The Erotic Play of Italian Renaissance Art

By Barolsky, Paul | The Virginia Quarterly Review, Autumn 2000 | Go to article overview
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The Erotic Play of Italian Renaissance Art


Barolsky, Paul, The Virginia Quarterly Review


THE EROTIC PLAY OF ITALIAN RENAISSANCE ART

By PAUL BAROLSKY

Taking Positions: On the Erotic in Renaissance Culture. By Bette Talvacchia. Princeton University Press. $35.00.

The golden age of Lorenzo de' Medici, the execution of Savonarola by bonfire, the swagger and violence of Benvenuto Cellini, the tempestuous clashes of Michelangelo with Pope Julius II, the ferocity of Machiavelli's prince, indeed of Pope Julius himself, the insouciant grace of Castiglione's perfect courtier, embodied in his friend, the courtly Raphael-these are but a few of the many images and episodes, compounds of fact and fiction, of history and fable, that make up our larger picture of the period known as the Italian Renaissance. In this history one of the most curious episodes concerns a series of drawings made by Raphael's gifted discipline Giulio Romano, sometime after 1520, not long before the apocalyptic Sack of Rome: a corpus of erotic images that Pietro Aretino, himself a legendary figure of the period, would call the sedici modi, the 16 positions, a series of formidible fornications.

Our story begins in relative obscurity, for we do not know, despite speculation, the exact circumstances in which Giulio made these erotic compositions, drawings that disappeared long ago, presumably at the hands of those offended by their aggressively sexual subject. Their story became dramatic, however, only after these compositions were adapted by Raphael's collaborator, Marcantonio Raimondi, in a suit of engravings that created a great scandal. Had these images remained a matter of private delectation they would never have created such a furor, but only when they were reproduced for a broader audience did they indeed become shocking. Gian Matteo Giberti, who held the office of datary to Pope Clement VII and would later become a Bishop, brought action against the engraver, and Aretino, who would enter the story later by writing the sonetti lussoriosi, as a kind of gloss on Raimondi's engravings, claimed not only that Giberti wanted the printmaker "crucified," but that he himself came to the artist's rescue when he was imprisoned!

The suggestion that Raimondi was to be crucified is, of course, poetic hyperbole, and Bette Talvacchia, whose vivid, thoughtful, carefully researched, and well-told version of events I am summarizing here, adds that Aretino could have fabricated such intervention in his account of events reported years later. Since a member of Giberti's household attacked Aretino in 1525, however, leaving him nearly dead with a knife wound, she does not rule out the possibility that Aretino did indeed seek to free Marcantonio from prison, thus angering Giberti, who sought revenge. To complicate the picture, a presumably fake story was circulated according to which the would-be assassin and Aretino were rivals for the affections of a cook in the household of Giberti. This version of events is presumed to have directed attention away from Giberti himself, who is believed to have put out the contract on Aretino.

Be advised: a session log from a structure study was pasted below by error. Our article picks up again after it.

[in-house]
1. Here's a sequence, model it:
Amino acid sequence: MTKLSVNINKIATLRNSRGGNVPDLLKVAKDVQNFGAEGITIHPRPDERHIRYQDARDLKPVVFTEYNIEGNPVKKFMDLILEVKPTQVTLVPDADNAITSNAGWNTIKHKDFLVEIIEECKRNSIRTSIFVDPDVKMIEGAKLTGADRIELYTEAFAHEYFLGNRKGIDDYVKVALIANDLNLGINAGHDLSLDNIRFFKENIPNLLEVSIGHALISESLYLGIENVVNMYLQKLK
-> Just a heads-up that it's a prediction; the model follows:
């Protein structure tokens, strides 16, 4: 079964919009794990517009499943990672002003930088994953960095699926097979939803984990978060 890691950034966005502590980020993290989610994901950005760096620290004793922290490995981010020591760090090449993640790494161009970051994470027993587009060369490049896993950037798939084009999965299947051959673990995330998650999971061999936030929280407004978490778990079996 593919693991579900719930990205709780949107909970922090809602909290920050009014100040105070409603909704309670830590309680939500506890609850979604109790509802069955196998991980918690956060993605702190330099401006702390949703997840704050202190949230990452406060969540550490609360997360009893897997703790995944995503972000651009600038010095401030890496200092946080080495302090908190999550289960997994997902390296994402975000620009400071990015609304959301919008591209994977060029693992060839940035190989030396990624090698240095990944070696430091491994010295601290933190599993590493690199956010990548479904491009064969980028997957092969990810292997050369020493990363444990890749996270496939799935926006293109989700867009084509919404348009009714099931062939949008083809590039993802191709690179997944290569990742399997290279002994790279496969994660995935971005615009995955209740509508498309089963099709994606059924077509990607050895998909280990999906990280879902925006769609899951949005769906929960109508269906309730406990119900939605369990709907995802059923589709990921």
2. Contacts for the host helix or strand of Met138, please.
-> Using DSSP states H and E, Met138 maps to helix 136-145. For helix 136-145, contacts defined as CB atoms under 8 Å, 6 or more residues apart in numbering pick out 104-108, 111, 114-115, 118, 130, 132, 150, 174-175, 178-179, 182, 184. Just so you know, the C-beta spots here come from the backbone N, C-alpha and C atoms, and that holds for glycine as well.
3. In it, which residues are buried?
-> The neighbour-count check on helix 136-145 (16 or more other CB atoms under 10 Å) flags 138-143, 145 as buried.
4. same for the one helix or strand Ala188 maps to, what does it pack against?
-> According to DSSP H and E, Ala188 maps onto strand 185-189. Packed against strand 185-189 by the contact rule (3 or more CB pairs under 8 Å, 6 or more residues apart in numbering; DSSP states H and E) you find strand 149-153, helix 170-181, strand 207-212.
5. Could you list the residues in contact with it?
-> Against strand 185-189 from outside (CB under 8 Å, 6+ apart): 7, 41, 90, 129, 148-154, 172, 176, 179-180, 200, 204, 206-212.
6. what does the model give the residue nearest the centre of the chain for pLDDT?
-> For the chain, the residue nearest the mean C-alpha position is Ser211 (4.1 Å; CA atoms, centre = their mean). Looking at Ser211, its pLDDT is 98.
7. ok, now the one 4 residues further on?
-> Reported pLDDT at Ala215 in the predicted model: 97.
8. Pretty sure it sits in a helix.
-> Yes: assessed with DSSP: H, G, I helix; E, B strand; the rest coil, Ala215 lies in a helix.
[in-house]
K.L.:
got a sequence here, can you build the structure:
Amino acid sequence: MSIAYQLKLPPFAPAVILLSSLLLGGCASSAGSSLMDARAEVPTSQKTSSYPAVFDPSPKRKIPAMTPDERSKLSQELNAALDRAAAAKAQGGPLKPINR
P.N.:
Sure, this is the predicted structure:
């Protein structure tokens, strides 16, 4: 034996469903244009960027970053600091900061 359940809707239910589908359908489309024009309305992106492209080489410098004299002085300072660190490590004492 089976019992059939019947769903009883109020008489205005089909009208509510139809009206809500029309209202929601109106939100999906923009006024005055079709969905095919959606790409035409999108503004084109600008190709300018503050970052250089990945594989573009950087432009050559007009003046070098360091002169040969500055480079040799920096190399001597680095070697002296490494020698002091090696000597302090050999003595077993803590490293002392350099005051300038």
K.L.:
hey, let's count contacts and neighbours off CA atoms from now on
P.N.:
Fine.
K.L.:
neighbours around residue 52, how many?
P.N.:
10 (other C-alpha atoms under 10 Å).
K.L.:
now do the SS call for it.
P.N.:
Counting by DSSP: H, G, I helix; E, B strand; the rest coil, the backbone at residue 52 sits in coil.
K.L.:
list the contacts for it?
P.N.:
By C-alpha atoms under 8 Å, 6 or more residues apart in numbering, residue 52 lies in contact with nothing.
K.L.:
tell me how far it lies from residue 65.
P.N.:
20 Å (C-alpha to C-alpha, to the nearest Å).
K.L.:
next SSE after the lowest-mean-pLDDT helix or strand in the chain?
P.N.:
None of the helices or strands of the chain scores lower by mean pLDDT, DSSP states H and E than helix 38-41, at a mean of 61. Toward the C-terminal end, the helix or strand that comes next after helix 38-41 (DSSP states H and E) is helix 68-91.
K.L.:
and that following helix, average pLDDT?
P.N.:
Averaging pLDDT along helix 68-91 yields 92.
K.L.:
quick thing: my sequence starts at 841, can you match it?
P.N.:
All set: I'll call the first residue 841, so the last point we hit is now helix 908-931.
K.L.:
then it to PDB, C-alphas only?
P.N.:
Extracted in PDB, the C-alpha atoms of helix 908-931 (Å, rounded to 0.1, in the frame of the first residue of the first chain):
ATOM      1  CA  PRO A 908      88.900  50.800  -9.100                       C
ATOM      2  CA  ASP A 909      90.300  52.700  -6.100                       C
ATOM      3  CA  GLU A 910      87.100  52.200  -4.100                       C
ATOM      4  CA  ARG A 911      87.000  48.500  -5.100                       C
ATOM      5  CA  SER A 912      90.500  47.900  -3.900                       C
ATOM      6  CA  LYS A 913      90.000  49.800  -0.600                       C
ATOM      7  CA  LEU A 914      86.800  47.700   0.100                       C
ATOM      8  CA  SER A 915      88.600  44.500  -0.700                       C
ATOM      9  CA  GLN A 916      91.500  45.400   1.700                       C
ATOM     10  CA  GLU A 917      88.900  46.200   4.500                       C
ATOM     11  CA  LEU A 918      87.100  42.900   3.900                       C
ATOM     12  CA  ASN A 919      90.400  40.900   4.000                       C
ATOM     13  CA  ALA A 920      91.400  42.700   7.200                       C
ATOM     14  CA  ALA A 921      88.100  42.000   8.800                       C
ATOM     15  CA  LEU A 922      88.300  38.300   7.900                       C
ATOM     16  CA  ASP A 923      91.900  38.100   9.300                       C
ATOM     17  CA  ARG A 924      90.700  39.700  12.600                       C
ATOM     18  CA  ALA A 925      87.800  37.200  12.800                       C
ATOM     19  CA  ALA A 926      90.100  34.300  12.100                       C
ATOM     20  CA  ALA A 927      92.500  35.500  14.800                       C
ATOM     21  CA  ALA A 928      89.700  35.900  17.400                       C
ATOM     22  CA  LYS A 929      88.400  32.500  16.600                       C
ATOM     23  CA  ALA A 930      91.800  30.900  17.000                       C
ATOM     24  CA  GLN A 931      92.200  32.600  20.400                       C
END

Our story grows richer and richer in the historical imagination. Although the artist who made the drawings in the first place, Giulio Romano, had left Rome for a new position at the court of Mantua before the scandal erupted, a legend took shape, still found in the modern scholarly literature, which tells of how he was forced to flee Rome because he feared the Pope's wrath. It has also been recently claimed that Giulio first drew the 16 positions on the walls of the Sala di Costantino, where he was painting, when Pope Clement VII was tardy in his payments to the artist. The story has been further embellished by the claim that Giulio pointedly drew his naughty couplings where he was to paint the personifications of virtue.

Raimondi's prints, which have been mostly destroyed and are known from crude woodcuts after them, have inspired further fabrications. In the 19th century a certain Count Frederic de Waldeck, a Baron Corvo of sorts, claims to have copied an original set of Raimondi's engravings, which he discovered in a Franciscan convent in Mexico-a claim as implausible as that of the cunning Douanier Rousseau who explained the exotic flora and fauna of his paintings by a trip to Mexico, where he pretends to have played in a French army band.

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